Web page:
It’s almost the weekend and for any stay-at-home-mom it means one thing: reinforcements are coming. Thursday night I actually breathe a literal sigh of relief as I realize there is only one more full day standing between me and a 1:1 adult to kid ratio. With my husband around, there is someone to roll my eyes to when another tantrum breaks out because I didn’t let my daughter poke the straw through the foil covering of her Danimal smoothie. I can sleep in until the late morning hour of 7:30am because my husband is keeping the children trapped in the basement subjecting himself to another episode of Bubble Guppies (their latest obsession) and tries not to shriek from the madness of a theme song stays in his head for the next three days. There is the glorious feeling of frolicking through the grocery store aisles sans kids, not having to push the behemoth of grocery cart / play car combo worrying about them swiping everything off the shelf with outstretched hands.
All this and more becomes mine on the weekend when the burden of parenting two toddlers solo is momentarily lifted and my sanity restored. Joe is great. He dives in an parents right alongside of me – as he should. I’m not throwing him any kudos for taking care of kids that are half his genetic material. It’s my kids, per usual, that are the problem. They seem to forget that their Dad is home. Well, not when it comes to fun things like playing baseball and all out tickle-fests. Then Dad is in high demand. I’m talking about things like refilling milk cups, fetching snacks, and wiping their butts. It’s as if Joe is invisible to them. Even if he’s sitting right next to me, it doesn’t occur to them to ask him these things. Apparently I possess some sort of weird super power that only grants me the strength to open the fridge, or leap with a single bound to the bathroom where a poop is dangling precariously from my son’s butt cheeks needing to be wiped. Wonder Woman I am not. Which is why I’ve penned this letter to my children who can’t read good, about utilizing Dad every once in awhile so I can maybe avoid hitting 20,000 steps on my FitBit for once.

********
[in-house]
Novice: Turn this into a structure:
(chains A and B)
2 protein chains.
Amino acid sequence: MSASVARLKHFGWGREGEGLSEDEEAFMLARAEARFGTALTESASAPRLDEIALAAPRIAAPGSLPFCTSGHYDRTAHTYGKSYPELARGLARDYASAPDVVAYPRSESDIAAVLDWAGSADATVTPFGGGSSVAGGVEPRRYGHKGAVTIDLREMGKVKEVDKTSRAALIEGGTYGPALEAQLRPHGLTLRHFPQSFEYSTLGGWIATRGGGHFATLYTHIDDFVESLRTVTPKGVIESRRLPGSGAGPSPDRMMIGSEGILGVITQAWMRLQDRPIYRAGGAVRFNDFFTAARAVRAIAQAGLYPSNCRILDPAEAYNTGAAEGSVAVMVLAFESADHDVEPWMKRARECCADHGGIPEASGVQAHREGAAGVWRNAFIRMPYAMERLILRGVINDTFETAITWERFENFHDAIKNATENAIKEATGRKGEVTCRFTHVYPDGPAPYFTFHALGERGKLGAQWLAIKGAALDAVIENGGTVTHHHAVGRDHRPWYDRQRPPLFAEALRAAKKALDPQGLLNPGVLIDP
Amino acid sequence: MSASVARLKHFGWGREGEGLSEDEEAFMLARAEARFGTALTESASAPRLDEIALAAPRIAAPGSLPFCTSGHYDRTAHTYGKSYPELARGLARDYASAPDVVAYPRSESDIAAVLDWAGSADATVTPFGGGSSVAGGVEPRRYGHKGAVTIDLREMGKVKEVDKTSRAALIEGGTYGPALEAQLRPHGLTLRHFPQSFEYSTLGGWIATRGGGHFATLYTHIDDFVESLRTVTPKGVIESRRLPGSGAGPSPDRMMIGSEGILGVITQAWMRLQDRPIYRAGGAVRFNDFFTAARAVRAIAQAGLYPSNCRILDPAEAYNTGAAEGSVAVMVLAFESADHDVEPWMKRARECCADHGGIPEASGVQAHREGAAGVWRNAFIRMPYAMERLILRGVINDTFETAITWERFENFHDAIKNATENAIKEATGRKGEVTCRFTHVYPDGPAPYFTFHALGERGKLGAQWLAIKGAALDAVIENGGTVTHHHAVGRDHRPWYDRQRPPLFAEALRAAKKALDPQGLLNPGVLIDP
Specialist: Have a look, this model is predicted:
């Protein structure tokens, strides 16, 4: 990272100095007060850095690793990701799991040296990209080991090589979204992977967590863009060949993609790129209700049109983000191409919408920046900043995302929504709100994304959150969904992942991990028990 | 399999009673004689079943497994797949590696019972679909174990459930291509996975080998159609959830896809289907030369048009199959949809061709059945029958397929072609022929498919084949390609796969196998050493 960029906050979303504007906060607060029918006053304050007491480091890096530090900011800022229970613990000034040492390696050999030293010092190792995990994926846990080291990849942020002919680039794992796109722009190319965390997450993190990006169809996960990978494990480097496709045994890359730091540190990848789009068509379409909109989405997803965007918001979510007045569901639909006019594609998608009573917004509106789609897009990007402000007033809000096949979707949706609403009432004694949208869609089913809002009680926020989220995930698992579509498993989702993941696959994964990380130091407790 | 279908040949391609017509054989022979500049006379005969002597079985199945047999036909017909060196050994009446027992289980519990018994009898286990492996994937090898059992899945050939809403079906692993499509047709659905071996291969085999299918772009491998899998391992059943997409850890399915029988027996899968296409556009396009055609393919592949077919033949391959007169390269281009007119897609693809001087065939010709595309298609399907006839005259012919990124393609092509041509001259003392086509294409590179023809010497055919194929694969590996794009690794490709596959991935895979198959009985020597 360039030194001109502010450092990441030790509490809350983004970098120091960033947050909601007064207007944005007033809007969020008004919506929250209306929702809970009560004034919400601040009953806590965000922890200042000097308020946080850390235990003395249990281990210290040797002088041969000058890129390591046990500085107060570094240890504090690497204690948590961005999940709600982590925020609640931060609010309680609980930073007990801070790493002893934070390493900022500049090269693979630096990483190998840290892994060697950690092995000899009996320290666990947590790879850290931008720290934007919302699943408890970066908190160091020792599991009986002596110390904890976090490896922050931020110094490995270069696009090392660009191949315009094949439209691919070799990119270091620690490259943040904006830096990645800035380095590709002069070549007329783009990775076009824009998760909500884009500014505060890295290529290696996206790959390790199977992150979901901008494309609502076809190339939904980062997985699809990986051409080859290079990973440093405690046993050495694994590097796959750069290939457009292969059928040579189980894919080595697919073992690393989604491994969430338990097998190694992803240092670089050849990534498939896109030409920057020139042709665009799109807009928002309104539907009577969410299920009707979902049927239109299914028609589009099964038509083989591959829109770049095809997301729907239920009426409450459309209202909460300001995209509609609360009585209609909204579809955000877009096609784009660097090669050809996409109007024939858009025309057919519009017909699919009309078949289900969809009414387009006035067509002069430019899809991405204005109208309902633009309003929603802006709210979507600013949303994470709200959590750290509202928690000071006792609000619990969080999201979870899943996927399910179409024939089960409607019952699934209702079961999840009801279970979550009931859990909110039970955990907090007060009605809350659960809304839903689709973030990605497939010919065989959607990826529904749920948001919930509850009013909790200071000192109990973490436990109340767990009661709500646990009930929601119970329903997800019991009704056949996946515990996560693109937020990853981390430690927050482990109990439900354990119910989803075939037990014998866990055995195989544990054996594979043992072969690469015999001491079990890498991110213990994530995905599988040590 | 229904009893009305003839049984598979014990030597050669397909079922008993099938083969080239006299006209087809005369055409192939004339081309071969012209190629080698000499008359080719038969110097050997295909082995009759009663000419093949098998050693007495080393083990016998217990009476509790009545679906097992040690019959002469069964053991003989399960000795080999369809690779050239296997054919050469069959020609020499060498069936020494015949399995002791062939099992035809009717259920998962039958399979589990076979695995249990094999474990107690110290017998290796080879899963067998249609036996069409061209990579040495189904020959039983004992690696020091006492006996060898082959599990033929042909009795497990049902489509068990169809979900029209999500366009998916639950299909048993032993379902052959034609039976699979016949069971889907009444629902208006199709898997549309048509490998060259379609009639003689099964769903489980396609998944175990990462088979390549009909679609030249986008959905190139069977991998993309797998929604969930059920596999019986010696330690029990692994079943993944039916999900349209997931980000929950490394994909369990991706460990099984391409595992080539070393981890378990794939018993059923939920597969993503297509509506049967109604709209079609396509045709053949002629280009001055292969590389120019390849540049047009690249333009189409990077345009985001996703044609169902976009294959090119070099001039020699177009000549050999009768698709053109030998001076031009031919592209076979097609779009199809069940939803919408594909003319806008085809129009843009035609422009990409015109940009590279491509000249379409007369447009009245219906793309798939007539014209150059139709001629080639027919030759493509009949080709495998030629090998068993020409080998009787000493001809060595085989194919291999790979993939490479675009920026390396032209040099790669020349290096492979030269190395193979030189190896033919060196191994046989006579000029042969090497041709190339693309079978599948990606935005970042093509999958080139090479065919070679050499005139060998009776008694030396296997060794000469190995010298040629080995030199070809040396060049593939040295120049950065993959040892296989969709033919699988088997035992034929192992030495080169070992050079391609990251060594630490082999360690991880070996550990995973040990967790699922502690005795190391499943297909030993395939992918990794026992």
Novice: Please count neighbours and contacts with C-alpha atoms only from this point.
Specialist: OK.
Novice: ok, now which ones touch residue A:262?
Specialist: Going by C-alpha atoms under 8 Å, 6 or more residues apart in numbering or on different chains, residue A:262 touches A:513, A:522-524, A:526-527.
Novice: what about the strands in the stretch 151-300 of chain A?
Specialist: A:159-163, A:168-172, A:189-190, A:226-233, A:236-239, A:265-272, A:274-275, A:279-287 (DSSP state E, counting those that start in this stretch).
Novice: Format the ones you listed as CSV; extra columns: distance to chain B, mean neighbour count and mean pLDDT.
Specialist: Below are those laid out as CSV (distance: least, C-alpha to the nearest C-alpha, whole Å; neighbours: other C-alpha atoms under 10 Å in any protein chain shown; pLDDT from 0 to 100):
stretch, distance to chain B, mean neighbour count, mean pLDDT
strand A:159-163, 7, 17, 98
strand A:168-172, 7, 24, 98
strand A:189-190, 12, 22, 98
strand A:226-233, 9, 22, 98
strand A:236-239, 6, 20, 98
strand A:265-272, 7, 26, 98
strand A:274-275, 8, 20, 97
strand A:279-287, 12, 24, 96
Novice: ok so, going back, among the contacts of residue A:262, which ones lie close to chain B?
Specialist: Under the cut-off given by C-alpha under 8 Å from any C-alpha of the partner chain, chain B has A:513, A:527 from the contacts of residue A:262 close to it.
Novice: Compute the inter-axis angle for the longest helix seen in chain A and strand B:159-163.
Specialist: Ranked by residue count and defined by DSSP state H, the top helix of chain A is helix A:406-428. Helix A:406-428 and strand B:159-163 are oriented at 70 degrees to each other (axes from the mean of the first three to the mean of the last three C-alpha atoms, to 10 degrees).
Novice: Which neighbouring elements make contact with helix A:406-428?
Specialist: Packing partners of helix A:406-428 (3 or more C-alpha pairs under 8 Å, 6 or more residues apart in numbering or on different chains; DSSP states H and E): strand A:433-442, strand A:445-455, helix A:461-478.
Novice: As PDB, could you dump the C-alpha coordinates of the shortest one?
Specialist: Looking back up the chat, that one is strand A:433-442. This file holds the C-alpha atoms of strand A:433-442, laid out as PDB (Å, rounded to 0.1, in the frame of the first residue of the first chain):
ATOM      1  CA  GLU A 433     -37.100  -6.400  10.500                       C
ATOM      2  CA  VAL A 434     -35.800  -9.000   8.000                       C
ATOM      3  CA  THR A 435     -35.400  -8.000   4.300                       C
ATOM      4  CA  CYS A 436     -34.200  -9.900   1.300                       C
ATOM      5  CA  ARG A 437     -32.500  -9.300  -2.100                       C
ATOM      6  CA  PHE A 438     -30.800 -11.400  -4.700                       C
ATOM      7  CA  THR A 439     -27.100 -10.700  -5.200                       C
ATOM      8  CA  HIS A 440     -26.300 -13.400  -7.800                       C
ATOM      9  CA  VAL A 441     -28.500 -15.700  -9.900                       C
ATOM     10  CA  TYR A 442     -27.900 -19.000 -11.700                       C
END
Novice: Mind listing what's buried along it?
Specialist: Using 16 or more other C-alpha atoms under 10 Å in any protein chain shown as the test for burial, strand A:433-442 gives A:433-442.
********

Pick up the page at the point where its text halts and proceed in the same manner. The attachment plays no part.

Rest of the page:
I relish being the soother of all boo-boos. The one you want for you last kiss before bed. One day, I am 110% sure that my heart will shatter into a million pieces when you don’t need me for those things anymore. I want to be the center of your universe, but I don’t want you to be so obvious about it.
But will I miss being your snack bitch? Your tushie wiper extraordinaire? NEVER. I want to let you in on a little secret: YOUR DAD IS A FULLY FUNCTIONING ADULT AND KNOWS HOW TO POUR MILK INTO A SIPPY CUP. I see you, thirsty and desperate, completely bypassing your Dad, who is closer to where you’re standing by the way. Yet you deliberately cross the room in a dehydrated haze to ask me for a refill. He also has a lot of practice, approximately 35 years to be exact (if he was potty trained at 3) of wiping his own butt, so I’m pretty sure he knows how to adequately remove any and all dingleberries from yours.
Monday-Friday I understand that Dad is away making sure there’s enough money in the bank account to fund your pool day ice cream habit. That from the moment you wake up until you go to sleep, I am there responding to every need and want. But on the weekend there is two of us. Two individuals that are perfectly capable of helping you with those things that I most desperately need a break from. Ask him. For the love of God just ask him! Spare me at least five minutes of every request coming out of your mouth beginning with the dreaded “Mommy, can you….”
Also, if you’re specifically requesting that I lay in bed with you before you go to sleep for the night then I’m going to need you to say that an event involving ME was actually your favorite part of the day. Yes, I am bitter. I do not find it cute that “playing with Daddy” was your favorite part of the day when I’ve spent the last 12 hours catering to your every need. Yet Dad spends five minutes with you before you pass out and it’s the greatest thing since fruit snacks. Can’t you throw your hanging-by-a-thread mother a bone?
Children, I love you. You are my everything. But I cannot do everything for you all the time. Your father is ready and willing. Ask him. Just ask him. He loves you fiercely, just as I do. He has been counting down the days, the hours, the minutes, the seconds until he can be with you. Just give him a chance. He pours a mean cup of Goldfish.